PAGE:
WASHINGTON, D.C. (Feb. 1, 2019) – Polaris, a leading nonprofit in the global fight against human trafficking, issued the following statement today in response to ongoing justifications for a wall or physical barrier along the southern border as a means to stop human trafficking.
Bradley Myles, CEO of Polaris, said:
“A wall along the southern border is not an effective tool to prevent or disrupt human trafficking. Claims that a wall will stop vast amounts of human trafficking are not only inaccurate and misleading, they also harm our efforts to educate the public on the true nature of this crime and the field’s ability to help trafficking victims and survivors.
“We can’t let growing anti-immigrant rhetoric create a climate of fear for vulnerable populations and prevent immigrant victims from seeking help. Traffickers are emboldened by anti-immigrant statements and policies, which they can weaponize as more powerful threats.
“We understand that some people may believe a wall along the southern border is important, and the debate on that is continuing. The issue of human trafficking, however, should not be part of that debate. Human trafficking is a human rights issue, a child protection issue, a national security issue, an immigration issue, a racial justice issue, and an economic issue that has enjoyed nearly twenty of years of bipartisan support where Republicans and Democrats have unified together to combat this crime. We should not politicize the fight against human trafficking and use the issue to justify a border wall.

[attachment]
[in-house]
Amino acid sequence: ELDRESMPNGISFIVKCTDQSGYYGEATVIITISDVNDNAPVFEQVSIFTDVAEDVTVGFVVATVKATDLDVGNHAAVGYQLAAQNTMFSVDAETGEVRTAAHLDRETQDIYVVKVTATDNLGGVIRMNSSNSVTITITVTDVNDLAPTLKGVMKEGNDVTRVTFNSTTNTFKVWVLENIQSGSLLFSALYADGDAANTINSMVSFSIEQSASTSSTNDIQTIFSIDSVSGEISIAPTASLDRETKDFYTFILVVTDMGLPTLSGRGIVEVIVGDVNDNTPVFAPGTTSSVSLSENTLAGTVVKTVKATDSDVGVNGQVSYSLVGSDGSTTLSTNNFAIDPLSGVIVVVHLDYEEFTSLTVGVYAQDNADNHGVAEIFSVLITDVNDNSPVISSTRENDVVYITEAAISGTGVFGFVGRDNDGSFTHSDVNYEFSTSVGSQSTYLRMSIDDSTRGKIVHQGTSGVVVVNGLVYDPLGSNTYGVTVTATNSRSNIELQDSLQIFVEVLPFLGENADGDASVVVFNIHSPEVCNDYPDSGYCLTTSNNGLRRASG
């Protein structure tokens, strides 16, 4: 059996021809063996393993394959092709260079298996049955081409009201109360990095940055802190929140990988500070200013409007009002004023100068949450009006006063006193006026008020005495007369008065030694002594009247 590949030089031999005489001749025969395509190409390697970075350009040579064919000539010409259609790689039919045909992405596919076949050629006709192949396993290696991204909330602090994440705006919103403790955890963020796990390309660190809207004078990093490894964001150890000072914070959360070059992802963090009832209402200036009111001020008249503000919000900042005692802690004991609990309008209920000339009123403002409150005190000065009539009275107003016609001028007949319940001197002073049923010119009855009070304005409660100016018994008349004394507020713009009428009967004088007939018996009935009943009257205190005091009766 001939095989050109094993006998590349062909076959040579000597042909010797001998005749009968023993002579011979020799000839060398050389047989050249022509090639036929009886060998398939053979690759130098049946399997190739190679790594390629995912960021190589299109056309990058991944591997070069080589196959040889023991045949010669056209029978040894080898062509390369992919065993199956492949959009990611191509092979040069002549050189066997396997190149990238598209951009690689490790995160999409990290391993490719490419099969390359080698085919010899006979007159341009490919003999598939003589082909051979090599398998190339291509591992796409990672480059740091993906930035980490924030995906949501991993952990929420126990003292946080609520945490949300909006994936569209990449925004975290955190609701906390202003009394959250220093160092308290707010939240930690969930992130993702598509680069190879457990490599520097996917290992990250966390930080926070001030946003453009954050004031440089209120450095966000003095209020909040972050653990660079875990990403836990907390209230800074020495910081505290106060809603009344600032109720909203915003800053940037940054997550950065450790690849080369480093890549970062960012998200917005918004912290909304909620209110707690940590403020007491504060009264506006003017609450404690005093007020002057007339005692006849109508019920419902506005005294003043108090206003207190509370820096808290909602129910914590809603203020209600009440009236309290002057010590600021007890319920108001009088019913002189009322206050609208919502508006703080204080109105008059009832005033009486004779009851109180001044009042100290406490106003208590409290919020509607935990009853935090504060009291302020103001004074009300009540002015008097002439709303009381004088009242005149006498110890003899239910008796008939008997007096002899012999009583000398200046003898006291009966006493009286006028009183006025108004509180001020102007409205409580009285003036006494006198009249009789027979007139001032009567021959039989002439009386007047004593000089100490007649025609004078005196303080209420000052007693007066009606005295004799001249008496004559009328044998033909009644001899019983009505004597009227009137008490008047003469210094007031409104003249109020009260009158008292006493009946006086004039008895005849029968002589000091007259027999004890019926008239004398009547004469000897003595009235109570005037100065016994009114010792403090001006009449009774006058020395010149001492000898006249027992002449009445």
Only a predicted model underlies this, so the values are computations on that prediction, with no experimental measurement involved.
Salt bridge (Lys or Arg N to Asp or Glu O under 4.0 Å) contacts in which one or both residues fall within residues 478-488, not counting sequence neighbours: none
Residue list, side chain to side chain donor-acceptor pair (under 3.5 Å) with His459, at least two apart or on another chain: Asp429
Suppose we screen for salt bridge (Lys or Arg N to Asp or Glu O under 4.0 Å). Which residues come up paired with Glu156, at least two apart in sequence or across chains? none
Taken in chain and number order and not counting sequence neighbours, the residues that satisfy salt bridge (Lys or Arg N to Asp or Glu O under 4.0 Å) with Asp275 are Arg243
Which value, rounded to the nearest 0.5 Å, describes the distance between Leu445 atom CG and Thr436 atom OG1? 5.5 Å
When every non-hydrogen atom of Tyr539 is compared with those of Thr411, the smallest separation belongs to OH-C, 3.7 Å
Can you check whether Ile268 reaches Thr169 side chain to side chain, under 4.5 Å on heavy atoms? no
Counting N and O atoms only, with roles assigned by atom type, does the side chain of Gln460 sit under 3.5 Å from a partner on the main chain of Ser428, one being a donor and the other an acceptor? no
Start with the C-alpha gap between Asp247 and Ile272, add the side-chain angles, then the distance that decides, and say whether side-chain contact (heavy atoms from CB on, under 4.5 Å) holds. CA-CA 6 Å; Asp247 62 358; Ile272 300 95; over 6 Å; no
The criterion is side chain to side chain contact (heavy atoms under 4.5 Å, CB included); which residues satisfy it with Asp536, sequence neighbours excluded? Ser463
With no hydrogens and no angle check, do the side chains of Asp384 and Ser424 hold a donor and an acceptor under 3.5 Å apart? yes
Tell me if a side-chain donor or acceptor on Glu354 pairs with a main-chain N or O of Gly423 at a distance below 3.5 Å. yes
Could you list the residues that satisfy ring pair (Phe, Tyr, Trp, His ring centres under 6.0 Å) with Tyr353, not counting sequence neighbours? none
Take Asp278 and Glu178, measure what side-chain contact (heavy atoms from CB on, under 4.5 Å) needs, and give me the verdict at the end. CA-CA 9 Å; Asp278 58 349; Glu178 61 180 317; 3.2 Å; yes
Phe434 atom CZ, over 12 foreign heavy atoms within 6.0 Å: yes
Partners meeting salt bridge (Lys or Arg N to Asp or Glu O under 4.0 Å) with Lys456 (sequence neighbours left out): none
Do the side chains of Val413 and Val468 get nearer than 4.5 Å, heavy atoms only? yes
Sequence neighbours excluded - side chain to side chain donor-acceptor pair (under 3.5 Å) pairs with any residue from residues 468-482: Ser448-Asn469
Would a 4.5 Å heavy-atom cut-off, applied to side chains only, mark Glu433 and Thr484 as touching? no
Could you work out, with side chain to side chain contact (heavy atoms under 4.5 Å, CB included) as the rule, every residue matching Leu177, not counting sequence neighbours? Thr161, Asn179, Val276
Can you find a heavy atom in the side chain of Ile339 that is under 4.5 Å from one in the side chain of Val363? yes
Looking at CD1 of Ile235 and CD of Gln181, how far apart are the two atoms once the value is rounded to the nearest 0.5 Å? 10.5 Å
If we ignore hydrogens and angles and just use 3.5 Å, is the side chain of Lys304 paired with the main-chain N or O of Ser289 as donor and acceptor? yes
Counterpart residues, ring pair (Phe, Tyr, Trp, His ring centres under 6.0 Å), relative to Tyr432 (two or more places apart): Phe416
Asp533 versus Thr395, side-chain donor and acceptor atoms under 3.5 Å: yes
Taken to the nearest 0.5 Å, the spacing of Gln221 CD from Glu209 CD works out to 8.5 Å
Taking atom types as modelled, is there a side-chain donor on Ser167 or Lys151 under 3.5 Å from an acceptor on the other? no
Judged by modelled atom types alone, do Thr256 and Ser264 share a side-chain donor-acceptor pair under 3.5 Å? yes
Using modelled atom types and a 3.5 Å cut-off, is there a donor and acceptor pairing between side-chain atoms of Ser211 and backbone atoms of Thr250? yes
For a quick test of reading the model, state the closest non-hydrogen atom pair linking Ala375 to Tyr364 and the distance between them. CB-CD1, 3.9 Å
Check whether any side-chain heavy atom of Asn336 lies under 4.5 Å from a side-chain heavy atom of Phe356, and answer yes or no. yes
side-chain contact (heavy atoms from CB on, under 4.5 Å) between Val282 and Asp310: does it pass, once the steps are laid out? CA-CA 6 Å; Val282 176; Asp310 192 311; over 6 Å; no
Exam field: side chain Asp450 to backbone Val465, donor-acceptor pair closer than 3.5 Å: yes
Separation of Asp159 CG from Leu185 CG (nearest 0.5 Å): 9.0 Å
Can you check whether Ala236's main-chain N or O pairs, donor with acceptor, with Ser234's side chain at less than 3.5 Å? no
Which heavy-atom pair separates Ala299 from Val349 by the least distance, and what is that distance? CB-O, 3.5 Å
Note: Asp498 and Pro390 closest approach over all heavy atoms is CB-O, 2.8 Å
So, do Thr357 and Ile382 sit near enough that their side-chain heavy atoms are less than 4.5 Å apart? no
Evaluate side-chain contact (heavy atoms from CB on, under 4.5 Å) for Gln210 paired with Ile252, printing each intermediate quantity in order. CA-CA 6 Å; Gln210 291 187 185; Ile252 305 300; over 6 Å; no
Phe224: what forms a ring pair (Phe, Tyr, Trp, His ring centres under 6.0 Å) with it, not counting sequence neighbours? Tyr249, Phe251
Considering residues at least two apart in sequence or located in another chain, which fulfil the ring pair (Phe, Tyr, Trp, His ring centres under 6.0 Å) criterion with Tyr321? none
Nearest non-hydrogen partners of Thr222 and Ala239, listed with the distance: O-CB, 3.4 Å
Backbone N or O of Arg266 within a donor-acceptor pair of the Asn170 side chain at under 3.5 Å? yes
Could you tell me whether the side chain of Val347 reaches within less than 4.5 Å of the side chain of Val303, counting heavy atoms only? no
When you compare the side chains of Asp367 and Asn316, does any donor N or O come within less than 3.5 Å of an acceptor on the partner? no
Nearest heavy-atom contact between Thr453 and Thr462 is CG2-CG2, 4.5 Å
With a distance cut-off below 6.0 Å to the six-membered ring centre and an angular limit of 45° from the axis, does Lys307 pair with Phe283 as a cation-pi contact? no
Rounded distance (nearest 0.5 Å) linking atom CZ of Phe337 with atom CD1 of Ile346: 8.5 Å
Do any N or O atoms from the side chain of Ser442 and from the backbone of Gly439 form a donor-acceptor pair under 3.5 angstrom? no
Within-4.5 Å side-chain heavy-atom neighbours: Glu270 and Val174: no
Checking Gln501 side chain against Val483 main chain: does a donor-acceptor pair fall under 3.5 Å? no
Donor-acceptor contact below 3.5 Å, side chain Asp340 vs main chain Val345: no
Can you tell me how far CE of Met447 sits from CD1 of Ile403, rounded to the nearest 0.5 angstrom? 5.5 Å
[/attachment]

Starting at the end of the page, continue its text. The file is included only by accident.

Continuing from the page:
“Let’s get the facts straight: Human trafficking happens in the United States, to people who are already here, to citizens and to foreign nationals. In our experience, having handled nearly 50,000 cases of human trafficking over the last decade, we know that the vast majority of victims who cross a border and are then trafficked in the United States arrive here through ports of entry and other legal means. Many fly here and travel through U.S. airports.
“Many trafficking victims came to the U.S. on legal temporary work visas but were trafficked and exploited because loopholes in the guestworker system leave workers vulnerable to abuse. If we really want to make a significant dent in human trafficking, we should fix the guestworker system by untying these visas from specific employers. The current rules, which require workers to stay in the employ of the company that sponsored the original visa, hand a powerful weapon to human traffickers who can threaten to get workers deported if they complain about wages and working conditions.”